• Blue collar Christian Grey wouldn’t be able to have a corporate server wiped clean of e-mails shared with the heroine, or have the connections and power needed to stalk our heroine so effectively

• Blue collar Christian Grey wouldn’t be able to purchase the publishing firm where the heroine works just to have more control over the heroine’s lecherous boss

• Blue collar Christian Grey might be able to take our heroine gliding, but a trip to the local zoo would be more likely on his budget

• Blue collar Christian Grey wouldn’t be able to provide our heroine with a closet full of expensive designer clothing, nor would he have a “Man Friday” (Taylor) available to shop for undergarments for her at a moment’s notice

• Blue collar Christian Grey wouldn’t be able to take our heroine shopping for a new Saab after a psychotic former girlfriend slashed the tires on the Audi and covered it in white paint

• Blue collar Christian Grey wouldn’t have a fortune to drop at a charity event to outbid his competitor for a dance with our heroine

• Blue collar Christian Grey might be able to book a room at the local Super 8 motel for a rendezvous with our heroine, but it’s doubtful he’s going to be “christening” the bed of his 50 foot boat with her

Our auto diesel college teacher version of Christian Grey could potentially have an older “Mrs. Robinson” in his past, and may have any number of ex-girlfriends with mental problems, but he wouldn’t have the means to hire surveillance and body guards to protect his current paramour from said former lovers with issues.

Christian Grey in Fifty Shades tells the heroine he makes $100,000 per hour (which I thought was amazing that he manages to be so productive when he seems to spend most of his time e-mailing, stalking, obsessing over, or nailing our heroine. Plus, what about the thirteen submissives who came before our heroine? Certainly they must have required significant time and attention, not to mention all the time it takes to draft and revise those non-disclosure agreements outlining Grey’s extra-curricular activities). The auto diesel college teacher version of Christian Grey would make, ah, considerably less, and his boss would be making sure that Christian put in his forty hours each week, leaving Christian with much less free time for stalking.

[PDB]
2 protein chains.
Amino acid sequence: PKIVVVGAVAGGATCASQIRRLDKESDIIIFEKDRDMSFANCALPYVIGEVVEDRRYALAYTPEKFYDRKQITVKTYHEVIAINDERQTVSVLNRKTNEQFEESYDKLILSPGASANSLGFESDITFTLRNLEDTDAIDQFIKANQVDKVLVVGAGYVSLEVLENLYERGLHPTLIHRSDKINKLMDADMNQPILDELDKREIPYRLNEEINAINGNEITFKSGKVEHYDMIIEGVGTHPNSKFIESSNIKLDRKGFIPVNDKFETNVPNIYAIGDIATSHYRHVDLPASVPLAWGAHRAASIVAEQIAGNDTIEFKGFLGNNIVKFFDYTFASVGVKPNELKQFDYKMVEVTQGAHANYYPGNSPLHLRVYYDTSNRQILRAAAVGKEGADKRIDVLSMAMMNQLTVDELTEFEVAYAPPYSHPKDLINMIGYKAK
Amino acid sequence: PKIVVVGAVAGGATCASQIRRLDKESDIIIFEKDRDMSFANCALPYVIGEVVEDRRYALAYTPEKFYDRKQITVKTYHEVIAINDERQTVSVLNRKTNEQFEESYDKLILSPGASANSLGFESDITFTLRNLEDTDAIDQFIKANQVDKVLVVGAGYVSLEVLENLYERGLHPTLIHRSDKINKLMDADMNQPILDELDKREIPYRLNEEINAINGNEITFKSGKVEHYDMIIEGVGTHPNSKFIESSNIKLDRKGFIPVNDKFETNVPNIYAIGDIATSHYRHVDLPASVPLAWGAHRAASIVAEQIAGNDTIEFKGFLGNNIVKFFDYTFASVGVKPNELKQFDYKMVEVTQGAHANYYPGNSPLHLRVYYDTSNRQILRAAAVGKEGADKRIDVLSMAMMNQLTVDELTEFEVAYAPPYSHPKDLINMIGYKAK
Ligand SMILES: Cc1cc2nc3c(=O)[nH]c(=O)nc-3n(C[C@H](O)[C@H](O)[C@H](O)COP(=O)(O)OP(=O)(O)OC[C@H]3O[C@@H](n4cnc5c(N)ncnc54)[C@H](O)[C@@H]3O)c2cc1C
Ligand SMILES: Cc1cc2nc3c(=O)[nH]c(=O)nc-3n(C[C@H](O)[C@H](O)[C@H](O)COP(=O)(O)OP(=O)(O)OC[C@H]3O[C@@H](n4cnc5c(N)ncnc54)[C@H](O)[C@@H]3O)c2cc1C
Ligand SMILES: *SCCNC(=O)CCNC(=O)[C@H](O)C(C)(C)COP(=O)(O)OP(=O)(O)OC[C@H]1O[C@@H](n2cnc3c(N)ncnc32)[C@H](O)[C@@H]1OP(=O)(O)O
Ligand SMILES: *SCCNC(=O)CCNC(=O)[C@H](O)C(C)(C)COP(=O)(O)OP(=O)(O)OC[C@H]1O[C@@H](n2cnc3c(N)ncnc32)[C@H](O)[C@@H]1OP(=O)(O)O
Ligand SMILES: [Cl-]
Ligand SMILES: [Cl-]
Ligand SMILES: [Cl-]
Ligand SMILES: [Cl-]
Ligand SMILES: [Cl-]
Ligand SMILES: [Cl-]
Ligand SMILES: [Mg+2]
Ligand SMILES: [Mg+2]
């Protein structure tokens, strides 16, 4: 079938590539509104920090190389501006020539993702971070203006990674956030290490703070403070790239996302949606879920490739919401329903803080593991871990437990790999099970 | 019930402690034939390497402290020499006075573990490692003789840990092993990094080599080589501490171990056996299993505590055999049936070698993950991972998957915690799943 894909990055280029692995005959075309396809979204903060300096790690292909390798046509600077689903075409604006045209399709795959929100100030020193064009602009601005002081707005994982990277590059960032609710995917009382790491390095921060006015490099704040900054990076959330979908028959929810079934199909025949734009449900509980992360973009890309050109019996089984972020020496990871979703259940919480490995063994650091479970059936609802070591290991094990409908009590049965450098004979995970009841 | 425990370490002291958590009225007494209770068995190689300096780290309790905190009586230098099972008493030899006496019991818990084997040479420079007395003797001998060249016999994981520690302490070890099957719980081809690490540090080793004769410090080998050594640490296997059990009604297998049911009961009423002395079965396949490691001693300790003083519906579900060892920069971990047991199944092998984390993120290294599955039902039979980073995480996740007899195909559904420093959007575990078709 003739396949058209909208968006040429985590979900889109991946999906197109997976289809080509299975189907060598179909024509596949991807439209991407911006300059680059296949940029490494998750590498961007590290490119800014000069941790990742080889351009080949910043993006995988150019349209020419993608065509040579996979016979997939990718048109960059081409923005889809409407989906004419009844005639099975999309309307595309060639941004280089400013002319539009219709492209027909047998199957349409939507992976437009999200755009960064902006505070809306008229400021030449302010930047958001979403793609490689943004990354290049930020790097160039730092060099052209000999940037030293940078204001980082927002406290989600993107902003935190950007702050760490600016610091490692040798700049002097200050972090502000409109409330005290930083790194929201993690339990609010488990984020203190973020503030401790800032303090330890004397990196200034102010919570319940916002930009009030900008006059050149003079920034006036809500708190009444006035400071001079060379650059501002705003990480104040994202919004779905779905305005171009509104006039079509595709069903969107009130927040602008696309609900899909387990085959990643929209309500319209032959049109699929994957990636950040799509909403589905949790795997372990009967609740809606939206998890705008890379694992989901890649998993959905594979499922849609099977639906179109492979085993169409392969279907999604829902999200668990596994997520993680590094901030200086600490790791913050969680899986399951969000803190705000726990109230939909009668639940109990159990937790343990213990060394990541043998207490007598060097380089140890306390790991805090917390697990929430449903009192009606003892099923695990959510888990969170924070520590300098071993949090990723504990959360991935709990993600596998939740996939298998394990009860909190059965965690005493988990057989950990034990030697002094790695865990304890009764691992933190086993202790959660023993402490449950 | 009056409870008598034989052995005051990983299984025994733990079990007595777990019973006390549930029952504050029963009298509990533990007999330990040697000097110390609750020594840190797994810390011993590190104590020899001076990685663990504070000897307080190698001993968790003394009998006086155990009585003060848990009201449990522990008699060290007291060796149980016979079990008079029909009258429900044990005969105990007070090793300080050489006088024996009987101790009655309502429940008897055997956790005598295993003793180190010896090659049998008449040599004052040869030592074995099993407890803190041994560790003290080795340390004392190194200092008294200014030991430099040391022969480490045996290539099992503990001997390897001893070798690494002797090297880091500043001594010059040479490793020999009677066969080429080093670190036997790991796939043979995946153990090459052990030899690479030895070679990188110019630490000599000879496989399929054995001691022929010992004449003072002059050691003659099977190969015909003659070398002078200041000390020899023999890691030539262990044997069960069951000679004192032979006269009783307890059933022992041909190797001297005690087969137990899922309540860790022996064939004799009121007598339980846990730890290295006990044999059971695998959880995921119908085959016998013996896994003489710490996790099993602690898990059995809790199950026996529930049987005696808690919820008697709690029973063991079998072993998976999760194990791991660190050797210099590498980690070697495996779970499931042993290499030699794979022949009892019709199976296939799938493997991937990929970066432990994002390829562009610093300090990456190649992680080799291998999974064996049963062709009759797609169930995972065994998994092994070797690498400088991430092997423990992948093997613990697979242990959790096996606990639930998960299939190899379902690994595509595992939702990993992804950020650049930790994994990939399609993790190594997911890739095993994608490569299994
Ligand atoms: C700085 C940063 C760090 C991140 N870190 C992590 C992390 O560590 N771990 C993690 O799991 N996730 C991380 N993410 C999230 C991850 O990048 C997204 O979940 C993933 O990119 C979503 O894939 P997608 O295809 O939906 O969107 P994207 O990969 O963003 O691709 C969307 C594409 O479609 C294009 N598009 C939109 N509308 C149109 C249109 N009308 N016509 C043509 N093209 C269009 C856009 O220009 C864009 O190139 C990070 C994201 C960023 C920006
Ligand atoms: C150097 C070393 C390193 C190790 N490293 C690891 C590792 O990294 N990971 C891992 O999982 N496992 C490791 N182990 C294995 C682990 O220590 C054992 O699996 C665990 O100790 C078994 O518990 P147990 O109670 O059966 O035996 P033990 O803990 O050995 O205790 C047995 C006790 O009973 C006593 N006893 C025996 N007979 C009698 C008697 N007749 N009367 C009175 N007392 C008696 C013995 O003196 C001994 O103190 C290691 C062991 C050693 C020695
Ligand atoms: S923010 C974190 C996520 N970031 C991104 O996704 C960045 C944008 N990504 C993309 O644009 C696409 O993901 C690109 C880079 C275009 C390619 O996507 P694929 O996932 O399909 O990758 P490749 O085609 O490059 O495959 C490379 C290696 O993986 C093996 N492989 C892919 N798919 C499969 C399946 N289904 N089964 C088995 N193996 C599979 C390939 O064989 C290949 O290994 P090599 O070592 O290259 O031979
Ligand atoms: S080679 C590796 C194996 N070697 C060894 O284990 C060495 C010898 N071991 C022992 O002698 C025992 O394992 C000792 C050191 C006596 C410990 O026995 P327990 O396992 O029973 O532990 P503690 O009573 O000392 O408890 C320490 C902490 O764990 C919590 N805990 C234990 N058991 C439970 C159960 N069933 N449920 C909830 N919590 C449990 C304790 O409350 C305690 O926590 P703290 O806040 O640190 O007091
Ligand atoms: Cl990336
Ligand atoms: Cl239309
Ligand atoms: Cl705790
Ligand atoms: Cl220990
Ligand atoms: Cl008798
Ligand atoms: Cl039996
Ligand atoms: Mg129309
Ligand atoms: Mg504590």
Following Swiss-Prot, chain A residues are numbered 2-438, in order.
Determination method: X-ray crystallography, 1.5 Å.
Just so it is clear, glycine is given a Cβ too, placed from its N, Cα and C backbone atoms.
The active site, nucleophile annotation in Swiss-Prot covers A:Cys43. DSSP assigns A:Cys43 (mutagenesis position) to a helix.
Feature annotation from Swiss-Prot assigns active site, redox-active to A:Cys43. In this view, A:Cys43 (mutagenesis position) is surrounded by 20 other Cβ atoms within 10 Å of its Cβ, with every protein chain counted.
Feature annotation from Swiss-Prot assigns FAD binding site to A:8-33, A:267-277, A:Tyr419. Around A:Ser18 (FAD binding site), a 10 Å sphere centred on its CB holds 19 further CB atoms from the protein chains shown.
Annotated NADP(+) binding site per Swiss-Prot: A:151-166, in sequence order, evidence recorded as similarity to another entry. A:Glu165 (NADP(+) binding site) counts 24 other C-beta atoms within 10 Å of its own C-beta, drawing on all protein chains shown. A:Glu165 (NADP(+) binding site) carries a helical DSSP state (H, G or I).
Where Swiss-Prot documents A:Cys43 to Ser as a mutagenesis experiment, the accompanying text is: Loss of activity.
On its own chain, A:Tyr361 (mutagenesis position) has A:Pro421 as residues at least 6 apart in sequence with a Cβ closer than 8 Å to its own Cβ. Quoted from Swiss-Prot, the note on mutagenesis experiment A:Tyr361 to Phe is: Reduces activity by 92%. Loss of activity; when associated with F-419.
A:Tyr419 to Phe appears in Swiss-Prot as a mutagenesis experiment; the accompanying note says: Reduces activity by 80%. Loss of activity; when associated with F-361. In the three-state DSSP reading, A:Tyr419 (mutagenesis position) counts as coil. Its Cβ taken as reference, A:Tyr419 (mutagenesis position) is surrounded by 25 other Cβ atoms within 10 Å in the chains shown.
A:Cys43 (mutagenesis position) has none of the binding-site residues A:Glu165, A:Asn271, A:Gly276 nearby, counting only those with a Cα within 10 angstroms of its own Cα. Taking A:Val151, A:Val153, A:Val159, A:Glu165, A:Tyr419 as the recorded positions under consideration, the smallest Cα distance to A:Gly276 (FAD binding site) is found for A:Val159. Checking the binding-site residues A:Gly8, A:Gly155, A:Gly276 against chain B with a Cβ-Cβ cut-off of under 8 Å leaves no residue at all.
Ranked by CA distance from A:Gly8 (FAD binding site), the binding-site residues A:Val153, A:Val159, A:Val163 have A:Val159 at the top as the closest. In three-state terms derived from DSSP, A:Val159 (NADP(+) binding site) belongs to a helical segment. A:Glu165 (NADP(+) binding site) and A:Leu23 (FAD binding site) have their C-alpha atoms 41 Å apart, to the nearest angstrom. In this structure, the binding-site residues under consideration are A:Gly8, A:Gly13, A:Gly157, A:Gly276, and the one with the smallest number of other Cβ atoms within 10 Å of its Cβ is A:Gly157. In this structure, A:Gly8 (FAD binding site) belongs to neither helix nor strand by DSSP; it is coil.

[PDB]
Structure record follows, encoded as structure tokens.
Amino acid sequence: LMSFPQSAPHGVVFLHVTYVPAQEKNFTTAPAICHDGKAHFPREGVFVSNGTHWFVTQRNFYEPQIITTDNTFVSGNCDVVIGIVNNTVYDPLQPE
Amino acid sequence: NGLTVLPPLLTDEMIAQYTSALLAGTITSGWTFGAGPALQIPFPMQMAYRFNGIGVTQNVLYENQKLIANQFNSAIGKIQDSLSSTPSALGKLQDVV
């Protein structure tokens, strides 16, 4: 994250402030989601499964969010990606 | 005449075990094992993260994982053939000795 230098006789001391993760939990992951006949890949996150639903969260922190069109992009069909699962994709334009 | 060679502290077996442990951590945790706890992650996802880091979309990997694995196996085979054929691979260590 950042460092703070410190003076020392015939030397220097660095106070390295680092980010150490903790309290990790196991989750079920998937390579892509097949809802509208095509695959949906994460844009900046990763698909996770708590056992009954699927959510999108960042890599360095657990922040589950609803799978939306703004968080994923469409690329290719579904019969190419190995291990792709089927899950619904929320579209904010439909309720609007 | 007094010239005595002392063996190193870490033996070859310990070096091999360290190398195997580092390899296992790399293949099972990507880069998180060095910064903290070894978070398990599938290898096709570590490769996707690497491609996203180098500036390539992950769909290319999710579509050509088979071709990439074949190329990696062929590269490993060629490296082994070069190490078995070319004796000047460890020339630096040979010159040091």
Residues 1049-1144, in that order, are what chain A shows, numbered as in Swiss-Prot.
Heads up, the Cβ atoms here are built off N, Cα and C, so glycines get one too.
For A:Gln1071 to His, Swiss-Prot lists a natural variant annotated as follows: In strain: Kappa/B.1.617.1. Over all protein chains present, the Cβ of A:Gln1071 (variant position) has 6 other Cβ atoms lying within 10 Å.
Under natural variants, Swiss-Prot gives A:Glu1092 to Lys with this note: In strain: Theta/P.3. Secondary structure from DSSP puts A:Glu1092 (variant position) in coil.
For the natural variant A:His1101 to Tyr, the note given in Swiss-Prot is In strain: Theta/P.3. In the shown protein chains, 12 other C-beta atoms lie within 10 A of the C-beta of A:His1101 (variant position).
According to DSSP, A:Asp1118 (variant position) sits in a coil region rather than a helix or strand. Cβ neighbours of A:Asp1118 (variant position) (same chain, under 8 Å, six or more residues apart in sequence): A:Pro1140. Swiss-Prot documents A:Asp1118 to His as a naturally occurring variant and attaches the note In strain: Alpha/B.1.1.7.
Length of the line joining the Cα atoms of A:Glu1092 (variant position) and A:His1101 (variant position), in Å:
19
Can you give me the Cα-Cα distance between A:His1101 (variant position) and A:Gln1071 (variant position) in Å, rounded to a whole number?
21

In my view, the plot of Fifty Shades depends more upon the wealth of the Grey character than it does his unusual sexual proclivities. While the book contains explicit sex scenes, most of the content is fairly average by erotica standards. Fifty Shades of Grey is for the most part a variation on the timeless fairy tale of an average woman of modest means allowed to experience a world of wealth and privilege.

Laters, baby.

Lisa Marie

Friday, May 4, 2012

It's That Time Again! Help Find a Cure for Diabetes

I'm honored to be offering a partial manuscript critique again this year for Brenda Novak's annual auction to find a cure for Diabetes.

I had a wonderful experience last year providing a critique for the author with the winning bid.  It was a win-win because I had the pleasure of reading the beginning of what promises to be a very entertaining historical romance, the author received feedback she felt helped polish her manuscript, and we both felt good about participating in an auction to raise research funds for such a worthy cause.